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Secretory Immunity and the Bacterial IgA Proteases

Stephen J. Kornfeld and Andrew G. Plaut
Reviews of Infectious Diseases
Vol. 3, No. 3 (May - Jun., 1981), pp. 521-534
Published by: Oxford University Press
Stable URL: http://www.jstor.org/stable/4452581
Page Count: 14
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Secretory Immunity and the Bacterial IgA Proteases
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Abstract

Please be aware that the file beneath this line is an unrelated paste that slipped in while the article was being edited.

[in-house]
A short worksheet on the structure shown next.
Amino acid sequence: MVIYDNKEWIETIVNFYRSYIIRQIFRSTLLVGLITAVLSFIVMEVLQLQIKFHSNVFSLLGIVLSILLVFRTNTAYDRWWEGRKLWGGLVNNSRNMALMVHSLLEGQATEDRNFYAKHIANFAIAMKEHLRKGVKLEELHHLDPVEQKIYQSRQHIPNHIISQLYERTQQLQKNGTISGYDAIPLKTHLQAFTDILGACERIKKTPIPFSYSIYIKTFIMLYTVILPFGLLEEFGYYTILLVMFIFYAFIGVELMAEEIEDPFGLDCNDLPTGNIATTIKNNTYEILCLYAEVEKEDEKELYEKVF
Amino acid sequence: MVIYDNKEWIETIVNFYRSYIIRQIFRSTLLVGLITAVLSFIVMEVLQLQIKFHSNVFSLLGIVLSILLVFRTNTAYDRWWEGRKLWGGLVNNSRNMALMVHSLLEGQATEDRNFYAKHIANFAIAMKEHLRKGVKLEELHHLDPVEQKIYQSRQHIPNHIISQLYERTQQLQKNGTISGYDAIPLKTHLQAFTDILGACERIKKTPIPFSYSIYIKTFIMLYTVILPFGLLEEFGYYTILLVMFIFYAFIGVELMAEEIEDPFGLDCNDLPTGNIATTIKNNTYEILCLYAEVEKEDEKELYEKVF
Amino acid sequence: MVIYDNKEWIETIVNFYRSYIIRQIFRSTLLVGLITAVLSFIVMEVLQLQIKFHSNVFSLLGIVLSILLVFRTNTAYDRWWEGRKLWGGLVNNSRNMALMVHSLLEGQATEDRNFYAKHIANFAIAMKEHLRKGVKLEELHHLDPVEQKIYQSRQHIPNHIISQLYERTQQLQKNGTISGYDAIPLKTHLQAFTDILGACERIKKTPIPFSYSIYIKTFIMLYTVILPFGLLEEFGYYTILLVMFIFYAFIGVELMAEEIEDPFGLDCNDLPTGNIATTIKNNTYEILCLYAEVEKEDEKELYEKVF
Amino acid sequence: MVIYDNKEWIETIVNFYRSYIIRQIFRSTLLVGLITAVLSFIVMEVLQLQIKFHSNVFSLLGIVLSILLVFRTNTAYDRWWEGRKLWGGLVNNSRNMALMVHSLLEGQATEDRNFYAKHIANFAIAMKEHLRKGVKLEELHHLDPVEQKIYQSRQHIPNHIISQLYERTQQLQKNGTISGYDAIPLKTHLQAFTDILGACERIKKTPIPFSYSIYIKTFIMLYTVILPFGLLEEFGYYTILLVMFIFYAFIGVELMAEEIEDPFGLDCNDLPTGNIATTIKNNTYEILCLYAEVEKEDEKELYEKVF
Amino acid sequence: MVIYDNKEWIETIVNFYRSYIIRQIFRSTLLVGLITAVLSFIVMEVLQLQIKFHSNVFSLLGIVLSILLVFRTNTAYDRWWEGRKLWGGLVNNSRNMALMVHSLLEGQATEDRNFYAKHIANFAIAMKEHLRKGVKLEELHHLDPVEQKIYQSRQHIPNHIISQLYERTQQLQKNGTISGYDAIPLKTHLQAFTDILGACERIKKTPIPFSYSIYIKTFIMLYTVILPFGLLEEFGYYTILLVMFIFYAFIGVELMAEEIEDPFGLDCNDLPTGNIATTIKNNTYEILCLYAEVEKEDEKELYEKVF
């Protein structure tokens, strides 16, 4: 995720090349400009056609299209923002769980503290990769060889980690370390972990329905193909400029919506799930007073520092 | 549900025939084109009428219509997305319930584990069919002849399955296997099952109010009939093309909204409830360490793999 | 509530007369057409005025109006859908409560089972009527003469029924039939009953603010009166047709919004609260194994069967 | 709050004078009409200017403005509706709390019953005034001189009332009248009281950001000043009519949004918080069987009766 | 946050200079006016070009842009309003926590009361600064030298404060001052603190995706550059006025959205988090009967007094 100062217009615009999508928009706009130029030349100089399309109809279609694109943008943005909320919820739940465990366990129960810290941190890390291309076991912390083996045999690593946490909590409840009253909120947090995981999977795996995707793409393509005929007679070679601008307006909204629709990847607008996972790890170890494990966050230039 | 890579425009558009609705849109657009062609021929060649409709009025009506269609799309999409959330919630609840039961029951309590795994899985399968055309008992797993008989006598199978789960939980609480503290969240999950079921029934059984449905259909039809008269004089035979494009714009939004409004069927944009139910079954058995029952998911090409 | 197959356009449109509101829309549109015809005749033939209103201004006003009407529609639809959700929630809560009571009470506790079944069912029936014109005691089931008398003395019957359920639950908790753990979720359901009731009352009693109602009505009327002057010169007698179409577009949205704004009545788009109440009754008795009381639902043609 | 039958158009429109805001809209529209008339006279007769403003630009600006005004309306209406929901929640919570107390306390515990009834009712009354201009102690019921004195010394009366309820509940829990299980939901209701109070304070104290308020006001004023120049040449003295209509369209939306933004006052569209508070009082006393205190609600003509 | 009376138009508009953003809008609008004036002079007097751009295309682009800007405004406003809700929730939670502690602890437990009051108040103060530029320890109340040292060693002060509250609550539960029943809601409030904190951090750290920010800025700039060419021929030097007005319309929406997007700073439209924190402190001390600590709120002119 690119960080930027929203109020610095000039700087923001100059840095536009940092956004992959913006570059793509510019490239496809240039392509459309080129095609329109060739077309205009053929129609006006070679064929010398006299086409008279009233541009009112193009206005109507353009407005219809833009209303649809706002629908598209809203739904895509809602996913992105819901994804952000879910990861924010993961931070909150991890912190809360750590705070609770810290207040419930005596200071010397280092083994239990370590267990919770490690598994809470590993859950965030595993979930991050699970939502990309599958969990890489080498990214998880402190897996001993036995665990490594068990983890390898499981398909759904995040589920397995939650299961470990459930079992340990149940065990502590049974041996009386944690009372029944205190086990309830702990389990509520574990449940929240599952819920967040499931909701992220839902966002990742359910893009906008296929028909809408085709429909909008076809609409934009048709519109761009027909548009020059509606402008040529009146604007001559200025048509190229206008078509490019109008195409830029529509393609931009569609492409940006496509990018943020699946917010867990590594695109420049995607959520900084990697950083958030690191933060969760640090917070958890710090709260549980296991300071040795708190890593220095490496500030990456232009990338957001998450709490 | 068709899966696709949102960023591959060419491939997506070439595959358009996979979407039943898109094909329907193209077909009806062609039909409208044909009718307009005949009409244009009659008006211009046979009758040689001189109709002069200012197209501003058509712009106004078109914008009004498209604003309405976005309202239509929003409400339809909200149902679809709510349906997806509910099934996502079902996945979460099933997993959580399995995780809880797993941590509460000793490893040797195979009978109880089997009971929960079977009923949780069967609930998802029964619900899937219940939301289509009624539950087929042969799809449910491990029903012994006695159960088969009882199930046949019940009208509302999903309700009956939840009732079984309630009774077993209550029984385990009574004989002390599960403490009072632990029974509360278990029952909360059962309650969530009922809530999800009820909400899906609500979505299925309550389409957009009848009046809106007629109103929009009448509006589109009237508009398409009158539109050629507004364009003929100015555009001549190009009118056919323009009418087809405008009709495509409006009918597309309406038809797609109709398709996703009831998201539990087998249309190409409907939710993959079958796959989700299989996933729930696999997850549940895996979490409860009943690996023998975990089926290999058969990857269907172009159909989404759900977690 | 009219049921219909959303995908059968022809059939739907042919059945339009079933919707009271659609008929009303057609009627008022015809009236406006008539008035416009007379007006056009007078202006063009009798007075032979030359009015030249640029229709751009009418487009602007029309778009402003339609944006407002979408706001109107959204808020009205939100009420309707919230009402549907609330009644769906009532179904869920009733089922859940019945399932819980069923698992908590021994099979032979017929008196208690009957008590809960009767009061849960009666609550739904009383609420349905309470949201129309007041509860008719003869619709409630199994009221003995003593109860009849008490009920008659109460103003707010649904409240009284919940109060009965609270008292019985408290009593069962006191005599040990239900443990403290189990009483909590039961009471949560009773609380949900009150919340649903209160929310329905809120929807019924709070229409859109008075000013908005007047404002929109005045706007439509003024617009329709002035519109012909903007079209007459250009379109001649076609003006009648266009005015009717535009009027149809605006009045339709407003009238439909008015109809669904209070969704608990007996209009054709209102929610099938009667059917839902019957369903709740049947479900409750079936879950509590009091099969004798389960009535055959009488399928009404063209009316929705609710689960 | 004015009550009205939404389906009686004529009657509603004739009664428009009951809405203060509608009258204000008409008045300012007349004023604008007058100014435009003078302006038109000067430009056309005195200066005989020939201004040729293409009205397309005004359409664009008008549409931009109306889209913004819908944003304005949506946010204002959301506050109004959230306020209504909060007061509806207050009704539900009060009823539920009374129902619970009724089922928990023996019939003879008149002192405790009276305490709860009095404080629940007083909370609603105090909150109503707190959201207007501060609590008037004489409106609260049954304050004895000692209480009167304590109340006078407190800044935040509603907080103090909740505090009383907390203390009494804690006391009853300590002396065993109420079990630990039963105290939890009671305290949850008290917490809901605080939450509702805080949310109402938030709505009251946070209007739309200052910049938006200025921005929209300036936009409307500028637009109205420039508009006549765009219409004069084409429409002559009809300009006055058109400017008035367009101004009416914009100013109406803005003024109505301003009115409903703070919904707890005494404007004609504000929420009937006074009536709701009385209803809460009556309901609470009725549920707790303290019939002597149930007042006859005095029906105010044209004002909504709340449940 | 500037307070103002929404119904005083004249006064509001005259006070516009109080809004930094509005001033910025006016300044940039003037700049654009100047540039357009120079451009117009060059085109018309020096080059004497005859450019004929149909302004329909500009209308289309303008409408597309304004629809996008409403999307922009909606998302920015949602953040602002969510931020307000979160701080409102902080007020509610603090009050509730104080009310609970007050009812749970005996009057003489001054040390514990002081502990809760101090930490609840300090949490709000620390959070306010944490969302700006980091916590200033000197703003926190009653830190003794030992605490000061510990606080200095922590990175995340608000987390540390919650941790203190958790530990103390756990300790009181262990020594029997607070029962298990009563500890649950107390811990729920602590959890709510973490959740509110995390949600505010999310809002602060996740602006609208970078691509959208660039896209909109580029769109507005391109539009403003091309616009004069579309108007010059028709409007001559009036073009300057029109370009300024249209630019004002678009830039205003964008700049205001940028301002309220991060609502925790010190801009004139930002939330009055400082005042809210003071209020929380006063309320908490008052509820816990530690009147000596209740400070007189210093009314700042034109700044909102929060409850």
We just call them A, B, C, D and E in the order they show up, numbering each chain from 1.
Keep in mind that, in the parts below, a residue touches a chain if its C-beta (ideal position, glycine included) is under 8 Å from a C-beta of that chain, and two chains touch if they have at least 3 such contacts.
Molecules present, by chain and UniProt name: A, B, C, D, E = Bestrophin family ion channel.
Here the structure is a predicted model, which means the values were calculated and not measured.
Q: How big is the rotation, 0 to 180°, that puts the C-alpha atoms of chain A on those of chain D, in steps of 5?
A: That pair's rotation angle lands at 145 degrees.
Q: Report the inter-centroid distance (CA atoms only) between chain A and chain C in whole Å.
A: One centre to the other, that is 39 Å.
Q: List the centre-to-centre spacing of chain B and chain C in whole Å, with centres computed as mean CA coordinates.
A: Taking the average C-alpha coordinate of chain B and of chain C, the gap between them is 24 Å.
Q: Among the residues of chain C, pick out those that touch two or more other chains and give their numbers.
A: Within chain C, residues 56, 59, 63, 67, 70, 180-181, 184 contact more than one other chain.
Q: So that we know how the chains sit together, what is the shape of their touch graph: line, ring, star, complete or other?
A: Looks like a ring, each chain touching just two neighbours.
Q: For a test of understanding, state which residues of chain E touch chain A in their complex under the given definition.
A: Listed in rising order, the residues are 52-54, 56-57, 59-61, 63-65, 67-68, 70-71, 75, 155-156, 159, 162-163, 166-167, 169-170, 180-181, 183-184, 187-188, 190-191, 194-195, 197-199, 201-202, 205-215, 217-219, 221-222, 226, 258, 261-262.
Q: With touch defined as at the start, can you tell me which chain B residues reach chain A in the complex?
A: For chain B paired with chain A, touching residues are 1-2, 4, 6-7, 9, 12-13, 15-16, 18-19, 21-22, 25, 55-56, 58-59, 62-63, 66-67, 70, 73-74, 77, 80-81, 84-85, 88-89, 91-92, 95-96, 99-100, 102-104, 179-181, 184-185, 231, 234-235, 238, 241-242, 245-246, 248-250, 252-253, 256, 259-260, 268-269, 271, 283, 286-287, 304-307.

The characteristics and functions of microbial IgA proteases are reveiwed. These enzymes represent a structurally heterogeneous group of proteins that are secreted into the extracellular environment by bacteria capable of causing human disease. The IgA proteases, which vary in their requirements for metal ions, are neutral endopeptidases whose role in the infectious process is not known but whose pronounced substrate specificity for human proteins of the IgA1 subclass has repeatedly been demonstrated. As reagents, the IgA proteases are useful in cleaving IgA molecules to yield intact Fcα and Fabα fragments that will allow the study of the structure and function of the two large regions of IgA immunoglobulin proteins. The role, if any, of these enzymes in promoting infection by pathogenic members of the genera Neisseria, Hemophilus, and Streptococcus is not known, although the secretory immune system is primarily mediated by antibodies of the IgA isotype, among which are IgA1 subclass proteins, and these proteins are susceptible to cleavage by IgA protease. The determination of the role of these enzymes in the pathogenesis of human infection must await clearer understanding of antigenicity and antibody function at secretory sites and of the relative roles of the two subclasses of human IgA in immune defense.

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